Dallas, Texas – Two days after the city of Dallas fell victim to a cyber-attack, its official Facebook page provided guidance for residents on securing their devices by enhancing password strength. Interestingly, the city’s Information and Technology Services department was simultaneously managing a ransomware attack by the group known as Royal, which had previously targeted the appraisal district’s data.

According to Dallas Metro News, a media outlet reporting about Dallas local news, the city has not disclosed specific information about the attack but has confirmed that its technology personnel are working diligently to mitigate damage and restore all systems. City Manager T.C. Broadnax expressed optimism that the risk has been contained and praised the effectiveness of emergency plans prepared in advance.

While the city’s news portal continues to offer updates, several critical websites remain offline, including the public library website, city meeting calendars and agendas, city meeting videos, and the open records request portal. The city’s development services webpage is also down, preventing the processing of permits.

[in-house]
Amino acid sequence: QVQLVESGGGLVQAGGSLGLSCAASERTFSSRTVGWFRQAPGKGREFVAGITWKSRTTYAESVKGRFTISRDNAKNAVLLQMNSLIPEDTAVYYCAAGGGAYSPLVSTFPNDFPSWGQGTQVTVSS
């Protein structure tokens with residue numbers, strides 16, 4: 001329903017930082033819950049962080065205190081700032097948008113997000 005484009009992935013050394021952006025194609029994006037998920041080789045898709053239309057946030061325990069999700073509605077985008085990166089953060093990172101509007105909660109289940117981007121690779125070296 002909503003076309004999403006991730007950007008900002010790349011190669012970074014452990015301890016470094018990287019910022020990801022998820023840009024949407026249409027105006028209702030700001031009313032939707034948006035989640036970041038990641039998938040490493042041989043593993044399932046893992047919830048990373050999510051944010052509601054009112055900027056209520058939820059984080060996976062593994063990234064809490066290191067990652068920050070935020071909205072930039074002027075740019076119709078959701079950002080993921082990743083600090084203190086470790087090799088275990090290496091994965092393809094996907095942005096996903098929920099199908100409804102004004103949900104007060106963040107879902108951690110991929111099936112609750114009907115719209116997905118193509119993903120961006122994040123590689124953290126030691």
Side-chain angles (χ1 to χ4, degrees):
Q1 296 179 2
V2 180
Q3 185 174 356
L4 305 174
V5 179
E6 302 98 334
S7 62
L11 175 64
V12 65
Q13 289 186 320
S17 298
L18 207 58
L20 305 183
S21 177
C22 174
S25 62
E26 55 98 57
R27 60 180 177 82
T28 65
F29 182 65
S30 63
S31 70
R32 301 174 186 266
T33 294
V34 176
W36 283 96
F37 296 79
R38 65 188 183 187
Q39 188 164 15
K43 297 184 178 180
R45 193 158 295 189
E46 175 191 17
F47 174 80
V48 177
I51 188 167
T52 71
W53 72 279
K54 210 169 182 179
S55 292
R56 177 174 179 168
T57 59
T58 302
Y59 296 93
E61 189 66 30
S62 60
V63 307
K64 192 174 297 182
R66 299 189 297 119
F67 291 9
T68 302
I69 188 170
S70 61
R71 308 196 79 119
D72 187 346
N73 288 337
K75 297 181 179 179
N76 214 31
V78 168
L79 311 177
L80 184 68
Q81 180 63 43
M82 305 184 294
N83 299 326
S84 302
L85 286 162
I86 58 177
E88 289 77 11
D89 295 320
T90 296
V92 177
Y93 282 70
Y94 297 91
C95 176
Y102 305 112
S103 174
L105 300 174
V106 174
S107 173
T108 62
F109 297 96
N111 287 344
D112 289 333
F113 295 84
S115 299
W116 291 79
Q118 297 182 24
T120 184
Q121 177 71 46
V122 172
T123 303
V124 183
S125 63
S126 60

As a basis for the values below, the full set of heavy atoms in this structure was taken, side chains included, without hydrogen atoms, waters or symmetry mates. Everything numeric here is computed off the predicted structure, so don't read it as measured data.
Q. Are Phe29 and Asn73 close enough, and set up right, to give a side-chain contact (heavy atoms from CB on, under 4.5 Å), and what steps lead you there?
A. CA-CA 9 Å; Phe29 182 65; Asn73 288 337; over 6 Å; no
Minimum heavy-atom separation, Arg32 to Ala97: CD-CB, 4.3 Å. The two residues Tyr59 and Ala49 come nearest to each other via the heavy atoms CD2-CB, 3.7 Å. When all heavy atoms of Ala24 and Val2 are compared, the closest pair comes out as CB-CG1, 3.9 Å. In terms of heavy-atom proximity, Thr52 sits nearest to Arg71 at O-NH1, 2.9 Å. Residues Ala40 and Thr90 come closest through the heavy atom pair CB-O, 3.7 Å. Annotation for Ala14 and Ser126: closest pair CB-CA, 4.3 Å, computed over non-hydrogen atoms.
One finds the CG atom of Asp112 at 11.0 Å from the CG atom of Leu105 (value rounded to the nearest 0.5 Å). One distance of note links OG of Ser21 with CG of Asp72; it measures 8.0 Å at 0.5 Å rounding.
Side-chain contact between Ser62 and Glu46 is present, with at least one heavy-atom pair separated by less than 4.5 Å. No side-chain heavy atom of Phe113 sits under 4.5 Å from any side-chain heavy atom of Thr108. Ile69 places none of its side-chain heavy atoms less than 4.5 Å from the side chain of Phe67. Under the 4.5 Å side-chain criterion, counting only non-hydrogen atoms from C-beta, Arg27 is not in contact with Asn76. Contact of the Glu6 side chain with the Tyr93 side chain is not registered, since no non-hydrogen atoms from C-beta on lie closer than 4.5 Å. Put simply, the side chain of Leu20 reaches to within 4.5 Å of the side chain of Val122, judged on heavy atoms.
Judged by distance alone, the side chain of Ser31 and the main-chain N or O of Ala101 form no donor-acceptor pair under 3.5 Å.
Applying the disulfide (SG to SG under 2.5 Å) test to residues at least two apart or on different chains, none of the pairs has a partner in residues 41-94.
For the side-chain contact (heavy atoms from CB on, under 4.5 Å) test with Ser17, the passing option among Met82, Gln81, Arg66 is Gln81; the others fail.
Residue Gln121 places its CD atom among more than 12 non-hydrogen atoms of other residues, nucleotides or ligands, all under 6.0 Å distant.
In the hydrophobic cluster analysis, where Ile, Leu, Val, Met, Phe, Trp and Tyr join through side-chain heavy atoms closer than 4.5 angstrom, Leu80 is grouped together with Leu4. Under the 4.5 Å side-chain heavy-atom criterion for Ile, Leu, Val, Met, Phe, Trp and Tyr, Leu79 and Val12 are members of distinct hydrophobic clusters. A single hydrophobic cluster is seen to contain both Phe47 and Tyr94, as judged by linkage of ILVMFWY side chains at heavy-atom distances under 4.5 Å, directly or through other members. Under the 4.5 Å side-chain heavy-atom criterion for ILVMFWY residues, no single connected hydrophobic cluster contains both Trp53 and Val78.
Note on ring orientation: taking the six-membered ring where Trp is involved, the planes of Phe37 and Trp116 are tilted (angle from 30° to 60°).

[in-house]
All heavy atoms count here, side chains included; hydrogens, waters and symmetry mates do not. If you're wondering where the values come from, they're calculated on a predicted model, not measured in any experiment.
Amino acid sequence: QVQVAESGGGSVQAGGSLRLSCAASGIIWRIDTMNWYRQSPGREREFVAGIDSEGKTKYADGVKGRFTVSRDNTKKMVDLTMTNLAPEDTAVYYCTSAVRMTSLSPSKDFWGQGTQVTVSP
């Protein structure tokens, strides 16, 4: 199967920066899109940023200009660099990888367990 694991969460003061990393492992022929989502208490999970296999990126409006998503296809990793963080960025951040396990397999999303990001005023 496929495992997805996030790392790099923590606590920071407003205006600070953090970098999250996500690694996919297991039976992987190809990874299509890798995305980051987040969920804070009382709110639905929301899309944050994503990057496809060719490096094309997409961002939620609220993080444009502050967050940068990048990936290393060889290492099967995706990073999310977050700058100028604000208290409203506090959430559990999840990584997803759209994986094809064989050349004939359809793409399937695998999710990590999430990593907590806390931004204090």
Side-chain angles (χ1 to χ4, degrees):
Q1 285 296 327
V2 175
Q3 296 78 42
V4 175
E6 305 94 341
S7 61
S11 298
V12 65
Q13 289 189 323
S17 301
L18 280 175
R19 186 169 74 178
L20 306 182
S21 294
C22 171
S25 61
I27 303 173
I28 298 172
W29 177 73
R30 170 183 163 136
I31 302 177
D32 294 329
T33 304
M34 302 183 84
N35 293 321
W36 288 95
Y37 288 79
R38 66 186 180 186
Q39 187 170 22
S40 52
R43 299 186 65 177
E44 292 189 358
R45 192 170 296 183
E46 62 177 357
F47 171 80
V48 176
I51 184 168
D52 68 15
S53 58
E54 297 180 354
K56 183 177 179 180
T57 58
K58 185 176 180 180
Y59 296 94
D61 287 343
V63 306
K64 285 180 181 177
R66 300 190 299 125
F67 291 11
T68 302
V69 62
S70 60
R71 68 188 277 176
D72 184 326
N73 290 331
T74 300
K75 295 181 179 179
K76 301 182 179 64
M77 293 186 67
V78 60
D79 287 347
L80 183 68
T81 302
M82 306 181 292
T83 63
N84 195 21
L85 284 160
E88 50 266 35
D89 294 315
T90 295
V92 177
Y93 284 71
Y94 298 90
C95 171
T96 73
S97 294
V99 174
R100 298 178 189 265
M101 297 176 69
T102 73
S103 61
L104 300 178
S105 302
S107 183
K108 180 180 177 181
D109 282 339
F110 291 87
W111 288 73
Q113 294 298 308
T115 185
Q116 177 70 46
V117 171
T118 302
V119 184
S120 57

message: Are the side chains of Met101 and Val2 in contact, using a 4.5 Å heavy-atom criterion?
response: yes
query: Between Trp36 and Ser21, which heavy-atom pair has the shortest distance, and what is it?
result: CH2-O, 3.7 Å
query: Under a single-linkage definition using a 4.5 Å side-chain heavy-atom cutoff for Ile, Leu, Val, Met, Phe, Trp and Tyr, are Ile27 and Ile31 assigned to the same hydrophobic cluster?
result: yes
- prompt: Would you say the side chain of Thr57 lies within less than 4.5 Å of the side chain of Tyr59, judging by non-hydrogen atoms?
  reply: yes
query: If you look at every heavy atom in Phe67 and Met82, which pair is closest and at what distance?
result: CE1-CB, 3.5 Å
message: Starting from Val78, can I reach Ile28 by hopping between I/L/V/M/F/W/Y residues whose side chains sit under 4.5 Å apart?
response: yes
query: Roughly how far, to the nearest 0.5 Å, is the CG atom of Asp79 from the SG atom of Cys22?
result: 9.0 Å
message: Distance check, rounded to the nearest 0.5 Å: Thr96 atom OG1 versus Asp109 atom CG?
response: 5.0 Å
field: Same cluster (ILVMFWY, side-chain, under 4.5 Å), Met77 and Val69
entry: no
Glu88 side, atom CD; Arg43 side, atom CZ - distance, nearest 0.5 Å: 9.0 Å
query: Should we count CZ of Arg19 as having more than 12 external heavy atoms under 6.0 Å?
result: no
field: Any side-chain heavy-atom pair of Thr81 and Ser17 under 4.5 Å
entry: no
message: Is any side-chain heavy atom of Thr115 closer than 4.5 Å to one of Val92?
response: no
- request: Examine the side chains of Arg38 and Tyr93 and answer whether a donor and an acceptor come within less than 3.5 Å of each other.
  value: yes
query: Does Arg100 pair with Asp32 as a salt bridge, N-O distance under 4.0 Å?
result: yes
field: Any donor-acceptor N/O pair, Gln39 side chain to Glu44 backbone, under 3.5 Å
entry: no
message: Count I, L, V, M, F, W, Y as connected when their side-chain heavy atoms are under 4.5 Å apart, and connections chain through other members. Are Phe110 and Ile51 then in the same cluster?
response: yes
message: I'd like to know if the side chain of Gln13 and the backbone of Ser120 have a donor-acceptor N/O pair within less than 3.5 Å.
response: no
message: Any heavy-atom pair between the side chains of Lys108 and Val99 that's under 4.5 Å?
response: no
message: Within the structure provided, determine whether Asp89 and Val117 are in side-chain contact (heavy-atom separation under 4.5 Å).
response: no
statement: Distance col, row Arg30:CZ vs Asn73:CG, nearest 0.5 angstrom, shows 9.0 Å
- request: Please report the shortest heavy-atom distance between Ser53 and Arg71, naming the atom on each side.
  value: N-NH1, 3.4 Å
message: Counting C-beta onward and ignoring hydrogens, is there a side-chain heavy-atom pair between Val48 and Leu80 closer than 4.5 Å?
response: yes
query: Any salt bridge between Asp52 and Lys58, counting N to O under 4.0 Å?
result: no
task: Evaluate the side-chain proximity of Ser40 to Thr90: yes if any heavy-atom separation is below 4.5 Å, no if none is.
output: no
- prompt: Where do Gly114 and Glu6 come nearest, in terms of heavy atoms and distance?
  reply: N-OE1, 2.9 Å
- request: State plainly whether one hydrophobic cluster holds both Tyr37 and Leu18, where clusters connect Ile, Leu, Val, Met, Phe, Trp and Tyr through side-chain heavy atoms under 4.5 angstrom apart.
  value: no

Dallas police Chief Eddie Garcia acknowledged that emergency plans have been helpful in responding to the attack, but the department’s operations have been significantly affected. Handwritten reports and jail intake forms have been issued, and the department’s website, internal shared drives, and personnel software have been impacted. Dispatchers, however, can still allocate officers as necessary.

The Dallas Fire Department has also had to manually dispatch firefighters via radio due to the outage. Cybersecurity firm TrendMicro reports that Royal attacks were first recorded in September last year. The Federal Bureau of Investigation and the Cybersecurity and Infrastructure Security Agency issued a joint report in March warning of a new Royal ransomware variant that emerged in September 2022, with a custom file encryption program used by criminals to lock users’ systems until a ransom is paid.

While the city has not confirmed whether it received a demand from Royal, bleepingcomputer.com claims to have a copy of a note the attackers allegedly sent to the city printers on Wednesday morning, instructing the city to contact an onion URL on the dark web.

Experts speculate that local governments are vulnerable to ransomware due to inadequate cybersecurity investments and a mix of outdated and new infrastructure. StateTech’s Mol Doak explained that constrained budgets and small teams often lead to insufficient platform protection.

The city’s IT department has faced several high-profile incidents in the past two years, including accidental data deletions and issues with oversight and data governance. A report published by the city’s IT Services department identified thirteen recommendations for improvement and promised a plan of action with benchmarks.